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Thai villagers rally against mine expansion, fearing more environmental damage

The ongoing dispute over a controversial potash mine in Nakhon Ratchasima has escalated, with local communities blocking a key transportation route to voice their demands for an immediate shutdown of the facility, which they accuse of causing environmental damage.

© Luke Duggleby/HaRDstories
Previously fertile agricultural land now lies desolate and unable to sustain life due to serious salinisation of the soil. The potash mining facility accused of polluting the land lies in the distance. © Luke Duggleby/HaRDstories

NAKHON RATCHASIMA – Hundreds of concerned villagers in northeastern Thailand took to the streets on 20 March, blocking a key roadway to demand the shutdown of a controversial potash mine. Citing years of devastating environmental damage since the mine’s 2017 opening, the community’s stand reflects a growing crisis over land rendered barren by mining activity.

Communities in Nakon Ratchsima’s Dan Khun Tho district believe that a by-product of potash mining, excessive salt production, has destroyed the surrounding farmlands. Fields once lush with corn, rice, sugarcane, and mangoes are now desolate, with the earth scarred by salt deposits and dead vegetation.

The recent protest is fueled by news of the mine’s planned expansion, intending to add three more excavation tunnels without a new environmental impact assessment – a move that skirts regulatory scrutiny.

 

Tests confirm high salinity levels

Recent soil and water tests by the Thai Environment and Pollution Control Office confirmed fears of alarmingly high salinity levels. The damage extends beyond the soil, with residents reporting salt-induced erosion affecting buildings and infrastructure.

The sample analysis by the Synchrotron Light Research Institute, a public research institute under the Ministry of Education, showed significantly high levels of sodium chloride, along with abnormally high potassium chloride contamination in the area around the mine.

“I always thought that they [the mining companies] would bring development to us, I was really shocked to see this much negative impact,” said local activist Thanawan Kainot in a previous interview with HaRDstories.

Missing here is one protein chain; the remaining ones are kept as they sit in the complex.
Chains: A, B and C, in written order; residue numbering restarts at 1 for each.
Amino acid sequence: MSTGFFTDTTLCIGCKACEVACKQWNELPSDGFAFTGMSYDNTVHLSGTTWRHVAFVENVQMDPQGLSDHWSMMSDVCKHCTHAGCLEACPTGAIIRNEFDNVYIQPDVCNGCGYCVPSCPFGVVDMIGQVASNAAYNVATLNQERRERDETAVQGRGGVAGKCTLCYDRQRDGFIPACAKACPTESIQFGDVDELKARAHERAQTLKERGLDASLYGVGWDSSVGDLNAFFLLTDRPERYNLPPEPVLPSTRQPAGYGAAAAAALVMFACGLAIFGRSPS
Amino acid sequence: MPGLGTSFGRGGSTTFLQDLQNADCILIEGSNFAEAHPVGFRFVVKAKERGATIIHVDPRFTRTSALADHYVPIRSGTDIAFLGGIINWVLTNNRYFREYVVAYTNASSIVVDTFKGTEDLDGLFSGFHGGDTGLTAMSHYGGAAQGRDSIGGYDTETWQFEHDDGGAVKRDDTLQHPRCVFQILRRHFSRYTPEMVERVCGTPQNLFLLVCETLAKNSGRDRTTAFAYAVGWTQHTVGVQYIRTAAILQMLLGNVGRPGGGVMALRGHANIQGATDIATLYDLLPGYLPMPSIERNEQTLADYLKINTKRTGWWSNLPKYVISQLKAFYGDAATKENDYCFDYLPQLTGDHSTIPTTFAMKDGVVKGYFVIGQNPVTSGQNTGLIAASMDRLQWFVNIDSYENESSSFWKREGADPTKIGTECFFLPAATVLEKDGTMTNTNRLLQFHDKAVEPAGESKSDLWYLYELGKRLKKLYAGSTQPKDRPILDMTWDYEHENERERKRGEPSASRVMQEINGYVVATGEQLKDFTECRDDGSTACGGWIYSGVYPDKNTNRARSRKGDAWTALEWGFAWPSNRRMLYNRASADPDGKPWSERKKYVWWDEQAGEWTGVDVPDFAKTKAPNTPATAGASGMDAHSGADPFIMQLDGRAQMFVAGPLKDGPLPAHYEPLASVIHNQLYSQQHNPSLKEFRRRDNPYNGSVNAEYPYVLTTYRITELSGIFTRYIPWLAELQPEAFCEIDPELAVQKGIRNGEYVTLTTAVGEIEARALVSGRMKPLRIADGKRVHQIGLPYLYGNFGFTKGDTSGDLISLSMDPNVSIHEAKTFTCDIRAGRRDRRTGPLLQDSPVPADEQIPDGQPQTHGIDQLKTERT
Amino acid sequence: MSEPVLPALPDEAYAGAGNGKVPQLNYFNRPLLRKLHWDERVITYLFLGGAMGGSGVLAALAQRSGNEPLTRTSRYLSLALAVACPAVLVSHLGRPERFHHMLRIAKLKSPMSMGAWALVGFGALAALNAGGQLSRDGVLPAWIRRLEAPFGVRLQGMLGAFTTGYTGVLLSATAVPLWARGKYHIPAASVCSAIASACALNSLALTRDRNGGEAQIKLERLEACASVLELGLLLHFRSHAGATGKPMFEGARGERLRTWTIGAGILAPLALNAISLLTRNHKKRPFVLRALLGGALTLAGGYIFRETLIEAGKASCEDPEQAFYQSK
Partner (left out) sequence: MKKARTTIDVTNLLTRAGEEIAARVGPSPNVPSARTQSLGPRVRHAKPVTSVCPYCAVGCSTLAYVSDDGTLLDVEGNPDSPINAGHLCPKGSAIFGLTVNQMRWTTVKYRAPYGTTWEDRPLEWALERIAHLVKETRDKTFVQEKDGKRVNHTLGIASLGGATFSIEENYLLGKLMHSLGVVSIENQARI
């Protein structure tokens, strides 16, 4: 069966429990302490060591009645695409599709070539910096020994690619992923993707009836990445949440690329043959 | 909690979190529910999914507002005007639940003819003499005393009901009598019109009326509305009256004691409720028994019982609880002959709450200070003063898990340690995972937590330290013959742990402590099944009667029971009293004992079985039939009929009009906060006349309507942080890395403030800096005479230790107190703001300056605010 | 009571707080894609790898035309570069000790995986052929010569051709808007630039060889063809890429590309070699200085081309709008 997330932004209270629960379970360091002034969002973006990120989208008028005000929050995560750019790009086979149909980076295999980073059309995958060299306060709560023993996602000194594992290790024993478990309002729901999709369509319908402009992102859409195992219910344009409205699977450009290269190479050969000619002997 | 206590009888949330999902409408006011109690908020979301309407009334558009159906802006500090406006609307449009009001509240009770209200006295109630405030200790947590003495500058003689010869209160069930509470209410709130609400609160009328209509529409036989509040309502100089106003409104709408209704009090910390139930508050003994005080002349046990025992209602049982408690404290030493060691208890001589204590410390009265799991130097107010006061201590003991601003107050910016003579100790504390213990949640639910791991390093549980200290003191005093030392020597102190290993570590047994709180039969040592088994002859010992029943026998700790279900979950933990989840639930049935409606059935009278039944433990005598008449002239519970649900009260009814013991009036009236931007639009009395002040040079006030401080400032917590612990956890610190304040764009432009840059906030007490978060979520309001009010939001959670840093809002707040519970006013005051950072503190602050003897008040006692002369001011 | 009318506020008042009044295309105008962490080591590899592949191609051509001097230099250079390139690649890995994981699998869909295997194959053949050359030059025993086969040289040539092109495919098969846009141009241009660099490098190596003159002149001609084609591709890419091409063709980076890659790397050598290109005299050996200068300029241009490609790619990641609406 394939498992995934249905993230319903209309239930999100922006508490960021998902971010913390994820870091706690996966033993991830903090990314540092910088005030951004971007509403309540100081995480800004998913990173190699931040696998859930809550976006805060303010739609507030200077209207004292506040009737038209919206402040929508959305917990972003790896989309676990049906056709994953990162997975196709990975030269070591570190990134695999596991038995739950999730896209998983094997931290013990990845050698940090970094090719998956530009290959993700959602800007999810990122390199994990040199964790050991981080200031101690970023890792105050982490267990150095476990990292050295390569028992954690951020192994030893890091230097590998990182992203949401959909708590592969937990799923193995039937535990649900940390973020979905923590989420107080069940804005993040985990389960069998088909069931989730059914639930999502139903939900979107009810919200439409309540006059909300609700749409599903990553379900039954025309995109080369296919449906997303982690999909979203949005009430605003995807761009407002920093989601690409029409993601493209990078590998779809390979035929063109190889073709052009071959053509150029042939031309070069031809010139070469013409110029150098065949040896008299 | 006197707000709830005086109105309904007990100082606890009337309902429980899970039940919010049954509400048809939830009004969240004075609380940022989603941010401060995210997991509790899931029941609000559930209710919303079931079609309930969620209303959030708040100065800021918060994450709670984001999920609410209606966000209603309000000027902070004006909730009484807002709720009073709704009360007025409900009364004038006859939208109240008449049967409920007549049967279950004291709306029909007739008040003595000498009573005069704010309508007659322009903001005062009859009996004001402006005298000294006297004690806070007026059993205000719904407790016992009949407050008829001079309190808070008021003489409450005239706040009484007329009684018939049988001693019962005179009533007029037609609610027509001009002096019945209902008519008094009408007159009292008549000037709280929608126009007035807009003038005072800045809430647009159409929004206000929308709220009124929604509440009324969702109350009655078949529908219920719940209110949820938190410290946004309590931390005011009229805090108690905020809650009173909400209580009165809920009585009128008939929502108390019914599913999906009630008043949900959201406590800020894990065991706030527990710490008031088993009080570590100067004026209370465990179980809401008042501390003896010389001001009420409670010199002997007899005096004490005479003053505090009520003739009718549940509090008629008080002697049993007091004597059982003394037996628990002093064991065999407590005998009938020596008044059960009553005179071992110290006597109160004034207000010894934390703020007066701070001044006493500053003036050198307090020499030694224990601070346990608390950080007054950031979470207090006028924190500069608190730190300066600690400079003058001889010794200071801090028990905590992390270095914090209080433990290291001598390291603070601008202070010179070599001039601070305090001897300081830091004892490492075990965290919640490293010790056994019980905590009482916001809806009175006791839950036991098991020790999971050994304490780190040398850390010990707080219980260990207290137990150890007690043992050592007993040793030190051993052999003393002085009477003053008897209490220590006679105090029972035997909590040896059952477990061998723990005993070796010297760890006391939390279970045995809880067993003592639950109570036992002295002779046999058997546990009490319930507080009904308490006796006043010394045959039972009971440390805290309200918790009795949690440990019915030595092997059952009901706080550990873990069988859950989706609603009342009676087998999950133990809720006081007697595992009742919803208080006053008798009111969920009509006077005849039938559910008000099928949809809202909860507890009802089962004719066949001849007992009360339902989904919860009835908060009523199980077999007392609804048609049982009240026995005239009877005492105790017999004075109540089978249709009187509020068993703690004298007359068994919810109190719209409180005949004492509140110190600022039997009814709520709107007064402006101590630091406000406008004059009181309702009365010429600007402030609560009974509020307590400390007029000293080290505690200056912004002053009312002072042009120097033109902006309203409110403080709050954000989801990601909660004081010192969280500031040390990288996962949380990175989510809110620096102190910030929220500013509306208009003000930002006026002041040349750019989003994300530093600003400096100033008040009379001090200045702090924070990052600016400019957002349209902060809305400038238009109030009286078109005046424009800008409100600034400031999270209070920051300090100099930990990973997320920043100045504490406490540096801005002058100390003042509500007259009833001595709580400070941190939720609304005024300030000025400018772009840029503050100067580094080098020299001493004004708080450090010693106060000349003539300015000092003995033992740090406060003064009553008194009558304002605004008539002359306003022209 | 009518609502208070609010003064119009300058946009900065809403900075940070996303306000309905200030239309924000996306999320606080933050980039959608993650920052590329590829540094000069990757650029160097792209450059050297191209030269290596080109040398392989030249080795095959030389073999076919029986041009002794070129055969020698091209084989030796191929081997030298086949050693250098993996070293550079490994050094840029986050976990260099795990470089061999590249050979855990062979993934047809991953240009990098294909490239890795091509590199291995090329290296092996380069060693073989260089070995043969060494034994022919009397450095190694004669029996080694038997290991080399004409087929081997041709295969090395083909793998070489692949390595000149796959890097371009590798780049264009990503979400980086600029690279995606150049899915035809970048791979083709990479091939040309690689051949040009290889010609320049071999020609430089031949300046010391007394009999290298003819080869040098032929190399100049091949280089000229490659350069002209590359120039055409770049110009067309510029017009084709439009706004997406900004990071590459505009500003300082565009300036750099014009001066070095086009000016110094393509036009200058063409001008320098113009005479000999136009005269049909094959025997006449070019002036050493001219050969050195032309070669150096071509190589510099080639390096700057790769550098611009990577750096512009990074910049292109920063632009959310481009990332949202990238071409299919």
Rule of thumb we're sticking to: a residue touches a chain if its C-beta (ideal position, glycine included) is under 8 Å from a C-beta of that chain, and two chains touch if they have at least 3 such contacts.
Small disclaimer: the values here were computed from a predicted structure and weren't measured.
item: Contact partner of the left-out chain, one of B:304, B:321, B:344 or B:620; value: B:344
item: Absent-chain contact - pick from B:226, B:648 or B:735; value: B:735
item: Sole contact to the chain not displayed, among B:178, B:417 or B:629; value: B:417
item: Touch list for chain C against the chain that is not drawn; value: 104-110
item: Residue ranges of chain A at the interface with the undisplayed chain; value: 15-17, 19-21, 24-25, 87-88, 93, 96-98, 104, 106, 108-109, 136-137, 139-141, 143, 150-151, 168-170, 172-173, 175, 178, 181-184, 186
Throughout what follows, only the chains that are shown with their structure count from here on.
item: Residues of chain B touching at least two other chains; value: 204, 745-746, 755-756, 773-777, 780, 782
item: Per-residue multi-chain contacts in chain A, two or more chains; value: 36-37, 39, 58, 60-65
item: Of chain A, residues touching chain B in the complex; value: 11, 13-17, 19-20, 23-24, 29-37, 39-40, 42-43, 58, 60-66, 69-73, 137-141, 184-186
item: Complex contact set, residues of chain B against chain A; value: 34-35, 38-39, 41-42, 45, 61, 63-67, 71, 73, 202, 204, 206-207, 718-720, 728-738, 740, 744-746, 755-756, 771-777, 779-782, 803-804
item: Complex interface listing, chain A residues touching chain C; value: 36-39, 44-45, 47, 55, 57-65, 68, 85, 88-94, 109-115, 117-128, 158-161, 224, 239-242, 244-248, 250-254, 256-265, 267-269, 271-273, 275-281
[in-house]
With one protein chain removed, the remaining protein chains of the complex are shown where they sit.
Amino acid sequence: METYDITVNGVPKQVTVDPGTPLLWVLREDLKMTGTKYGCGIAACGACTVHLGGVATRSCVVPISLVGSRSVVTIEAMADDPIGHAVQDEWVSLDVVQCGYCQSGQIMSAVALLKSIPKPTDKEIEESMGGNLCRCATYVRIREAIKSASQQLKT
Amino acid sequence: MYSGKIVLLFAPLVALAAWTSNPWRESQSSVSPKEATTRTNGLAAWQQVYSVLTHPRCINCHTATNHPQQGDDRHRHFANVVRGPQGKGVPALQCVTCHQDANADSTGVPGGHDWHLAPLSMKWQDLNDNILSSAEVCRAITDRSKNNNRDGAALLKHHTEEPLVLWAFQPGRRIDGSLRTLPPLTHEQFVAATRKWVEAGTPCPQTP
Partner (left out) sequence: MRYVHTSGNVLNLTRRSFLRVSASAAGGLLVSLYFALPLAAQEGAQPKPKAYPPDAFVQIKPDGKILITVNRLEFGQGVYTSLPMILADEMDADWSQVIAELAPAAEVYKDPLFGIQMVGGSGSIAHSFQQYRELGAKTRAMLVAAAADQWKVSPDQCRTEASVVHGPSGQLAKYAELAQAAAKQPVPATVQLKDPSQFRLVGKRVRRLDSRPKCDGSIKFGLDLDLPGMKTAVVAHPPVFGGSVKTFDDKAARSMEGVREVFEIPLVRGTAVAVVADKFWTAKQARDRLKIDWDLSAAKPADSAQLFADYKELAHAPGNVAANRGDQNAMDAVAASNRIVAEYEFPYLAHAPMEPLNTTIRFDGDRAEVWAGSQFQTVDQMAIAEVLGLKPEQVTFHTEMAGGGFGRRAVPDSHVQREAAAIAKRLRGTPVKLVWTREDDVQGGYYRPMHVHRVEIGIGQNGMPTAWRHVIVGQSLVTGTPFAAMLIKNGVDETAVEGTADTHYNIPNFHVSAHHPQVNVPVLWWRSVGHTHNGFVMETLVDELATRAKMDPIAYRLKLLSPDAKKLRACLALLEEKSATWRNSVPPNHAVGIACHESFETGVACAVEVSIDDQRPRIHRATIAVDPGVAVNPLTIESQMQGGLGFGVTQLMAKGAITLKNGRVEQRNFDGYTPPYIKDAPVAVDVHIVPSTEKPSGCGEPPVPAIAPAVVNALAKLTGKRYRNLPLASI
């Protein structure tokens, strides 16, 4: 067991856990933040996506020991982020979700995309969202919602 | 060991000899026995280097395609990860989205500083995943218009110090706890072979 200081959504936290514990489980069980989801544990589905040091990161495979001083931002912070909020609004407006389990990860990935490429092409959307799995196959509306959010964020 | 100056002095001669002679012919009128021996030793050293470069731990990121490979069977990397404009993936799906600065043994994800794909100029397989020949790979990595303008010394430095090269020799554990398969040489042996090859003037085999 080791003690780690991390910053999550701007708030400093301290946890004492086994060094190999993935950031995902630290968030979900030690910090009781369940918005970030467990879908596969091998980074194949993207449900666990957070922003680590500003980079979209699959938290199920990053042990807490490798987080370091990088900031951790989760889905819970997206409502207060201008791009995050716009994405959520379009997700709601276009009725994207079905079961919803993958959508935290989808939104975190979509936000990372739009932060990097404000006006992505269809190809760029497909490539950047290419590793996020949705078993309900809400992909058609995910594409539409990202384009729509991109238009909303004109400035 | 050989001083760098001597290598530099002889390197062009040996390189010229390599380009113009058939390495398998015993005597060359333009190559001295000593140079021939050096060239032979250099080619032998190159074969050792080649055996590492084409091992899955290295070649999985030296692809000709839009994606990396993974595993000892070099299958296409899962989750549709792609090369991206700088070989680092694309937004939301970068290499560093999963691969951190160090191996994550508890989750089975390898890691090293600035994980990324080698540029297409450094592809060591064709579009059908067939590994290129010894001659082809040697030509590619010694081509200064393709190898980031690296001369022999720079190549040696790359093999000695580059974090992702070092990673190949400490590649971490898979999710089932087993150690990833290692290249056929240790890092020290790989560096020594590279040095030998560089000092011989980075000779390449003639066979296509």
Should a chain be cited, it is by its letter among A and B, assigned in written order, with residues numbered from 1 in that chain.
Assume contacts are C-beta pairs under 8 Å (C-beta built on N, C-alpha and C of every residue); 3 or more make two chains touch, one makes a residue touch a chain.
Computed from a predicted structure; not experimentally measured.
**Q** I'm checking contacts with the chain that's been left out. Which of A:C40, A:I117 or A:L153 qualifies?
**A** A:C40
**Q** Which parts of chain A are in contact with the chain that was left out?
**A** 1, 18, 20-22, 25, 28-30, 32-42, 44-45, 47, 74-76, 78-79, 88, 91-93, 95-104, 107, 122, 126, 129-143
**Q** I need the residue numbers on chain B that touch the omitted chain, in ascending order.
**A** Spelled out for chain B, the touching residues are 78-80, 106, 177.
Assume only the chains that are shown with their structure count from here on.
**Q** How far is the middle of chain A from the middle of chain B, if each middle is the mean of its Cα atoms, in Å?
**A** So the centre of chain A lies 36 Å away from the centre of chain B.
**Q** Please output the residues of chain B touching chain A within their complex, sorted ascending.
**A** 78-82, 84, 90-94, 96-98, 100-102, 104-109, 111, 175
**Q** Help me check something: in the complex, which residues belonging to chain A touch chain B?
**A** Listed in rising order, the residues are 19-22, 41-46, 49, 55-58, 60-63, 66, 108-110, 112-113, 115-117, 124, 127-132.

Public opposition to mining

Thailand’s northeastern provinces sit atop significant reserves of potash, a naturally occurring mineral critical to the global agriculture industry due to its potassium and sodium content. The demand for this mineral, driven by its role in fertiliser production, spans from local farms to international markets. 

The prevalent method of extraction, known as solution mining, involves the infusion of large volumes of water into the earth to dissolve the potash salts. This technique, while effective, poses substantial environmental risks, including the potential for groundwater contamination and the disruption of natural habitats.

The Dan Khun Thot mine is the country’s only active potash mine, a stark testament to the power of community activism. Plans to expand the mining footprint into three more areas within the Northeast have been met with strong opposition, with local populations staunchly defending their environmental rights and heritage, stalling any further development in its tracks.

Read our story: When the land turns white: Thai villages unite against a new push for potash mining

Governor promises investigation

The latest protest – the largest mobilisation to date by local environmental groups – drew Siam Sirimongkol, Governor of Nakhon Ratchasima, to the front lines of the dispute over the mine’s expansion. The protesters’ demands were clear: halt the expansion and begin restoring the land. 

While the Governor clarified his limited authority in shutting down the mine, the day concluded with an agreement – a pledge from the government to further look into the community’s concerns.

“If we don’t fight, the impacts are going to get worse,” Thanawan previously told HaRDstories. “We are fighting so people will see what is happening to us. We want to be an example so the same thing will never happen in other areas in Isan.”